Search results for: Education policies
Page 6/20 195 items
This article aims to address the causes of school desegregation failure of the children study at Rome's schools. This article argues that the narrow desegregation aims prevents creation of comprehensive approaches sensitive to structural dimensions of segregation and discrimination. It builds on the policy design theory in order to capture the impact of discourse and policy content on the implementation outputs.
Updated: Feb. 16, 2015
“Teaching to the Test” in the NCLB Era: How Test Predictability Affects Our Understanding of Student Performance
This article explores one variant of the concept “teaching to the test'. It analyzes test item–level data from three states’ mathematics and reading tests. The article finds that students performed better on items testing frequently assessed standards—those that composed a larger fraction of the state test in prior years. These findings suggest that teachers targeted their instruction towards these predictably tested skills.
Updated: Feb. 11, 2015
The Test Matters: The Relationship Between Classroom Observation Scores and Teacher Value Added on Multiple Types of Assessment
This study examined how the relationships between one observation protocol, the Protocol for Language Arts Teaching Observation (PLATO), and value-added measures shift when different tests are used to assess student achievement. The findings revealed that PLATO was more strongly related to the Stanford Achievement Test (SAT-9), the alternative assessment used by MET to assess more ambitious outcomes. Furthermore, the authors found that the SAT-9 is more instructionally sensitive to the PLATO factor of Cognitive and Disciplinary Demand than the state tests used in MET study.
Updated: Feb. 11, 2015
Evidence-Based Practices in a Changing World: Reconsidering the Counterfactual in Education Research
In this article, the authors illustrate that populations and study samples can change over time. They present data from 5 randomized control trials of the efficacy of Kindergarten Peer-Assisted Learning Strategies, a supplemental, peer-mediated reading program. Findings demonstrate a dramatic increase in the performance of control students over time. The results suggest the need for a more nuanced understanding of the counterfactual model and its role in establishing evidence-based practices.
Updated: Feb. 10, 2015
Multiculturalism in Teacher Education Institutes - The Relationship between Formulated Official Policies and Grassroots Initiatives
The current study examined the multicultural policies advocated and the actual practices in two teacher education colleges in Israel. The main findings reveal a gap between multicultural discourse and policies in two colleges, as manifested in the activity patterns of both teacher education colleges. Furthermore, the difference between the colleges in terms of multicultural discourse and practice is related to the difference in the colleges’ organizational structures and target populations. The authors recommend that there is room for grassroots developments. Finally, the authors recommend that every teacher-education institute in any multicultural country must include the topic of multiculturalism in the curricula.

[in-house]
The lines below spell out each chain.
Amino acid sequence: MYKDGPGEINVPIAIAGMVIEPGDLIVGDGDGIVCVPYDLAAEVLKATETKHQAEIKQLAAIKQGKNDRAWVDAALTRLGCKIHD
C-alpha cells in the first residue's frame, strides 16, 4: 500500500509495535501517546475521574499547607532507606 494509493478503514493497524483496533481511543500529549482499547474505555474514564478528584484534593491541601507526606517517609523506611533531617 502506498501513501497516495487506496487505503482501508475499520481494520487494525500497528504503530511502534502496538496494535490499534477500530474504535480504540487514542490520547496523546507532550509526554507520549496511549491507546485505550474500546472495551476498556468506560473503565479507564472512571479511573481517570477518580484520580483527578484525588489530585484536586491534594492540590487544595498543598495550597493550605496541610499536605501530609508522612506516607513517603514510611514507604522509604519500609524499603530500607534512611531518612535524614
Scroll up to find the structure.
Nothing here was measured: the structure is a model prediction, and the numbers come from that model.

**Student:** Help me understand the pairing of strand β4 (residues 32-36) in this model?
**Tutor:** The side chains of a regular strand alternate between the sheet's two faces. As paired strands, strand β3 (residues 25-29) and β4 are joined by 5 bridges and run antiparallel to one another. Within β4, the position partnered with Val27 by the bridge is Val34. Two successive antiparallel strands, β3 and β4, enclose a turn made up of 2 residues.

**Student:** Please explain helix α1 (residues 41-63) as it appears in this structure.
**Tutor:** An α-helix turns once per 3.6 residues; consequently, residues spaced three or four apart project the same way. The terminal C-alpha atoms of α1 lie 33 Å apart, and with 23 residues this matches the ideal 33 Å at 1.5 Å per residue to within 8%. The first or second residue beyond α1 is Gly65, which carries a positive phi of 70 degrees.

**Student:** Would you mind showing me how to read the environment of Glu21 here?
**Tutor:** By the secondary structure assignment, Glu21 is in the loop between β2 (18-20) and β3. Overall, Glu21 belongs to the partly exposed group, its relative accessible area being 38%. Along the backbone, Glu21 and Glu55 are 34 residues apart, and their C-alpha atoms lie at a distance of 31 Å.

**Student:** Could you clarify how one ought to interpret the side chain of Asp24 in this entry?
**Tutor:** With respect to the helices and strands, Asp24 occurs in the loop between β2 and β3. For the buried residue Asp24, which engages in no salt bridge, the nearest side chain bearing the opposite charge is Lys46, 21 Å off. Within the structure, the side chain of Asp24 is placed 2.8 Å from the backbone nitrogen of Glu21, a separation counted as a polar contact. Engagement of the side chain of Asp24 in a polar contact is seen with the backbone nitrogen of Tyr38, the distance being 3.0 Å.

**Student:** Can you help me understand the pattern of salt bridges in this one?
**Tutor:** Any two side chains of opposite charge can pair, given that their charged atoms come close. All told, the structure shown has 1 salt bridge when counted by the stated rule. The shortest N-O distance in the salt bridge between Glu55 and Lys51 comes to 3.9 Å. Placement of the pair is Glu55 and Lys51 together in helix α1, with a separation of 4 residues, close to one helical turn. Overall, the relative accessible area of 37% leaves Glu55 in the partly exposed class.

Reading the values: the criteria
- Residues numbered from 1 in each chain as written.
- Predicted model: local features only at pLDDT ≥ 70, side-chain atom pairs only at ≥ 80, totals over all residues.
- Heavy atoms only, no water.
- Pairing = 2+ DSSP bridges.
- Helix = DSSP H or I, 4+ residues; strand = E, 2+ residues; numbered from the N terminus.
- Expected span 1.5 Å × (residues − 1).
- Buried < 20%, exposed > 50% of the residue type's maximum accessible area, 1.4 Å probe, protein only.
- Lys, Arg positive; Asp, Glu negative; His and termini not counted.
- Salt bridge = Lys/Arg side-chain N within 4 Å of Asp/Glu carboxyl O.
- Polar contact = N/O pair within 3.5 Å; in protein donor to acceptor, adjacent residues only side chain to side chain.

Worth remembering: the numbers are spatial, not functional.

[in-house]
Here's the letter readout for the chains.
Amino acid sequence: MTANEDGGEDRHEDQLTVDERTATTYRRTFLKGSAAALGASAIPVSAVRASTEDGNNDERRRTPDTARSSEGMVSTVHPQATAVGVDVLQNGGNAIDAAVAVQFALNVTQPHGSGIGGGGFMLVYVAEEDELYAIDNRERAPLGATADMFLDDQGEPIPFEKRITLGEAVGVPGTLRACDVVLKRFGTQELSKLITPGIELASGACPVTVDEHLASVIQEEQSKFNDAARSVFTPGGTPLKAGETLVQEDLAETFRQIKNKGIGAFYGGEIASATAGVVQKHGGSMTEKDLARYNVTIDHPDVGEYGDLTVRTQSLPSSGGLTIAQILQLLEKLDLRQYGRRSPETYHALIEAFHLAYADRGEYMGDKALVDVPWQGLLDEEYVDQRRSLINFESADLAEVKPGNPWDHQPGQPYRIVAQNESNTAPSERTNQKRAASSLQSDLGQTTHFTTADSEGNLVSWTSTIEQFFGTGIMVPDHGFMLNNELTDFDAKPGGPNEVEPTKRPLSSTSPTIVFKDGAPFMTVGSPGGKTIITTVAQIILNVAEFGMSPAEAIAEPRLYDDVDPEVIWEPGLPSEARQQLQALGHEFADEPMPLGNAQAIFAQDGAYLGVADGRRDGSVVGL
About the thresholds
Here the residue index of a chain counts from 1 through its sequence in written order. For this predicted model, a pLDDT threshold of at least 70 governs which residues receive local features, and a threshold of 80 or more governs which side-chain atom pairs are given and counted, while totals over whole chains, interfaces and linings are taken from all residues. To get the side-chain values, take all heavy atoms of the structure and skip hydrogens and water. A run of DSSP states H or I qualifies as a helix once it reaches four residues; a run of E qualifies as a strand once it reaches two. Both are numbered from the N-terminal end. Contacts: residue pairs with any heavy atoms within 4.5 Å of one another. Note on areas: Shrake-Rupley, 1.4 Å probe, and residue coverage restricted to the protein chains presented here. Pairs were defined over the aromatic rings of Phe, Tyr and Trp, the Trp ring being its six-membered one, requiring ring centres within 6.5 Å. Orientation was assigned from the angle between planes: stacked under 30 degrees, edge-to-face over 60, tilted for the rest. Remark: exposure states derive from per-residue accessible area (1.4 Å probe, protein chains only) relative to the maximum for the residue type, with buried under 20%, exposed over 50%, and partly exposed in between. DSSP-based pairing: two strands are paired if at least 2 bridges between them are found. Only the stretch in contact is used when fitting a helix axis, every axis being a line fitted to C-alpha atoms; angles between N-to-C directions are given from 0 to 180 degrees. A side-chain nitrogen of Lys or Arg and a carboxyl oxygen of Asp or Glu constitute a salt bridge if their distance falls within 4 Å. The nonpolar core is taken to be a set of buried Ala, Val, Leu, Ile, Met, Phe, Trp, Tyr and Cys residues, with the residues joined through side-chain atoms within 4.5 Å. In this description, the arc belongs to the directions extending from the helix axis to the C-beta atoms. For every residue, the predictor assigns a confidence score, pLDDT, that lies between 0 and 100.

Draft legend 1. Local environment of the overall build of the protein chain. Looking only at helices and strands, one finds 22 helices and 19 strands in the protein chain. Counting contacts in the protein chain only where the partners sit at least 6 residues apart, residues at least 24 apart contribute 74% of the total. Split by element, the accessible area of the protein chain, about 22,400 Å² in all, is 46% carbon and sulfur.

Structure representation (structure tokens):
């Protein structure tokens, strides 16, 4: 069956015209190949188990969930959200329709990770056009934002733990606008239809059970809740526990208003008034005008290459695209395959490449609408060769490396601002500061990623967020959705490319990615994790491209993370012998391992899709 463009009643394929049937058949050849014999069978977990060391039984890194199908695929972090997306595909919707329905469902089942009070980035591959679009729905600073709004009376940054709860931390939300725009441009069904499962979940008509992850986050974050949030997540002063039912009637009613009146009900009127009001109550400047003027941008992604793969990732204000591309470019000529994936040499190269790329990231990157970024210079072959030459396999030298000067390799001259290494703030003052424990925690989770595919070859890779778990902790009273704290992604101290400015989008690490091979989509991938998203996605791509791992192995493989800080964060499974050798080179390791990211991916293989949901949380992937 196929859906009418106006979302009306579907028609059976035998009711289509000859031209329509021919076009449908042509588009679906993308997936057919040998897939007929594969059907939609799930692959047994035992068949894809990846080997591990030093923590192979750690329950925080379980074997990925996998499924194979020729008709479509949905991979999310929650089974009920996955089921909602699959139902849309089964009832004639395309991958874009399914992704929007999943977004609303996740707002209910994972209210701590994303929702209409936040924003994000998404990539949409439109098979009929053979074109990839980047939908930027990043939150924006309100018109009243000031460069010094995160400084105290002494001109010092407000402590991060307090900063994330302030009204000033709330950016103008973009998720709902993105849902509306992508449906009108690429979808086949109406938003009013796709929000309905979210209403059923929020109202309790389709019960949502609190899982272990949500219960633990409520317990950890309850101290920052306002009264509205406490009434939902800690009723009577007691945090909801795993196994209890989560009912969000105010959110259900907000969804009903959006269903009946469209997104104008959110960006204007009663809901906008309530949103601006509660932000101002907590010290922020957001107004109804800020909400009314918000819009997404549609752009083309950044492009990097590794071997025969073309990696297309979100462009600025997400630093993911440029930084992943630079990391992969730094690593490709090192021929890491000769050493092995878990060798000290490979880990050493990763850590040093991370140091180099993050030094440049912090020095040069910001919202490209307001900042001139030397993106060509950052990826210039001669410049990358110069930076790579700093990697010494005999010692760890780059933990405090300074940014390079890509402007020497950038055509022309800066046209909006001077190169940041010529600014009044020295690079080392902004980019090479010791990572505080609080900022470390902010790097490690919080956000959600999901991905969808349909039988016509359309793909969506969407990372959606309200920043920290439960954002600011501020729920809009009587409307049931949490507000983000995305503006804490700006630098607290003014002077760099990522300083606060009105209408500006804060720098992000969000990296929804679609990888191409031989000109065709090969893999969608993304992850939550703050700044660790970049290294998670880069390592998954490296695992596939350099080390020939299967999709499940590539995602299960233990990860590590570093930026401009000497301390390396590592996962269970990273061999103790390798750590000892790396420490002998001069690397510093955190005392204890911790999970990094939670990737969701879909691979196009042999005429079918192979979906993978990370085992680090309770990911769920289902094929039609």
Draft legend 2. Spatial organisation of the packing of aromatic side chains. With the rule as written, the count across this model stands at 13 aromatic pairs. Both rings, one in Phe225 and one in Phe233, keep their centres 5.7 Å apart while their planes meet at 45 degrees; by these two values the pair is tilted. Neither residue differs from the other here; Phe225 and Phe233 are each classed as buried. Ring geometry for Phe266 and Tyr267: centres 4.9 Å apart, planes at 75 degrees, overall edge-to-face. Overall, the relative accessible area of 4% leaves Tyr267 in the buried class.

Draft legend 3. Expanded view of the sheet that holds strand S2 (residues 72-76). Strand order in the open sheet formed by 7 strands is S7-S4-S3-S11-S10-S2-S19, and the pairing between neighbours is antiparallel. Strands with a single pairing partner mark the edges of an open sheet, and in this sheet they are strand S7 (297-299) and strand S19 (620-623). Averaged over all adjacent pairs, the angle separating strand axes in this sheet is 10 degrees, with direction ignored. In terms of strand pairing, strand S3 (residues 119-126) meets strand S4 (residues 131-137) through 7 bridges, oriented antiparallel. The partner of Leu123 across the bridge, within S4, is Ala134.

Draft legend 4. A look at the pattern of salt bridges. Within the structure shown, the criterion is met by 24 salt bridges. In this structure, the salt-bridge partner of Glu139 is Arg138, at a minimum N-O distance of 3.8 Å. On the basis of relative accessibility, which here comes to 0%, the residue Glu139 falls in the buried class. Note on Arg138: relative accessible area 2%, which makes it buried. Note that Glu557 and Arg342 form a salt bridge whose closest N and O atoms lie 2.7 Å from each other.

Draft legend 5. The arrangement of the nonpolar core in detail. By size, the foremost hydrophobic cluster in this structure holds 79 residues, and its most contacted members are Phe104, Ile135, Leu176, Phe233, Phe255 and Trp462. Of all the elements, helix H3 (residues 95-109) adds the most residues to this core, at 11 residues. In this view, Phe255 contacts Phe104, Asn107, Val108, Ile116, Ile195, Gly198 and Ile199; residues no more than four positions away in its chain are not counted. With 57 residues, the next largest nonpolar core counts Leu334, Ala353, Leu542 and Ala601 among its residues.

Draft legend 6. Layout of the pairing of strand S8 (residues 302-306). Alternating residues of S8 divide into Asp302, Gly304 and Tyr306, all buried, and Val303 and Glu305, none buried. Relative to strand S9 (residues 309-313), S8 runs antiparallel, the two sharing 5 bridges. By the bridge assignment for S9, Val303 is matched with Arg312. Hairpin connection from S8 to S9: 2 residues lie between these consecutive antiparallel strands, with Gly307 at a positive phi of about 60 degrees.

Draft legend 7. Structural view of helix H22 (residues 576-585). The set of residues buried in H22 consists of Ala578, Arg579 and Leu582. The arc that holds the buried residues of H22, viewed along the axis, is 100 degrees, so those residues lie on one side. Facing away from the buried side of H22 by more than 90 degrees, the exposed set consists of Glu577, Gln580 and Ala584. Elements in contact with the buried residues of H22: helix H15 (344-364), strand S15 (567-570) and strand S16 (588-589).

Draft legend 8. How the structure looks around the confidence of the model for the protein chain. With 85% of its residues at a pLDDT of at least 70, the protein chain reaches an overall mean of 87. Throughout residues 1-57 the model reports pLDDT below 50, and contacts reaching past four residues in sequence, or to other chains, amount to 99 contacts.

Updated: Jan. 06, 2015
Back to the Future: Do Lessons from Finland Point the Way to a Return to Model Schools for Northern Ireland?
This article examines the school-based element of initial teacher education (ITE( and the ways in which it contributes to the professional learning of student teachers in university in Finland and university in Northern Ireland. In particular, the authors seek to assess the potential of Training Schools for Northern Ireland. Teaching/training schools have featured prominently in recent reviews of teacher education in England and Scotland and, while not specifically mentioned in the Northern Ireland (NI) review document, the overall concept could enrich the school-based element of ITE in NI, using existing collaborative networks of schools.
Updated: Dec. 22, 2014
The article explores the theoretical underpinnings surrounding quality teaching in online settings as well as practical considerations for what teachers should know and be able to do in online environments. The authors examine state level policy from across the nation aimed toward establishing mechanisms to ensure online teacher quality.
Updated: Aug. 25, 2014
This article is organised around three themes, each one illuminating half a century of historical life. The author concludes that the article underlines how comparison is becoming one of the main instruments of governance in contemporary societies.
Updated: Aug. 25, 2014
This article provides a deeper understanding of critical mass, a concept that has become central in litigation efforts related to affirmative action admissions policies that seek to further the educational benefits of diversity. The authors demonstrate that the concept of critical mass requires an understanding of the conditions needed for meaningful interactions and participation among students, given the particular institutional context. To highlight this contextual definition of critical mass, they offer the term dynamic diversity and outline four main components of dynamic diversity that institutions can attend to.
Updated: Aug. 21, 2014
Promoting Human Capital Development: A Typology of International Scholarship Programs in Higher Education
This article clarifies the availability and characteristics of international scholarship programs that are sponsored by national and federal governments worldwide and that are intended to promote student mobility. Utilizing descriptive and cluster analyses, the article produces a framework for organizing the population of these programs.
Updated: Jul. 23, 2014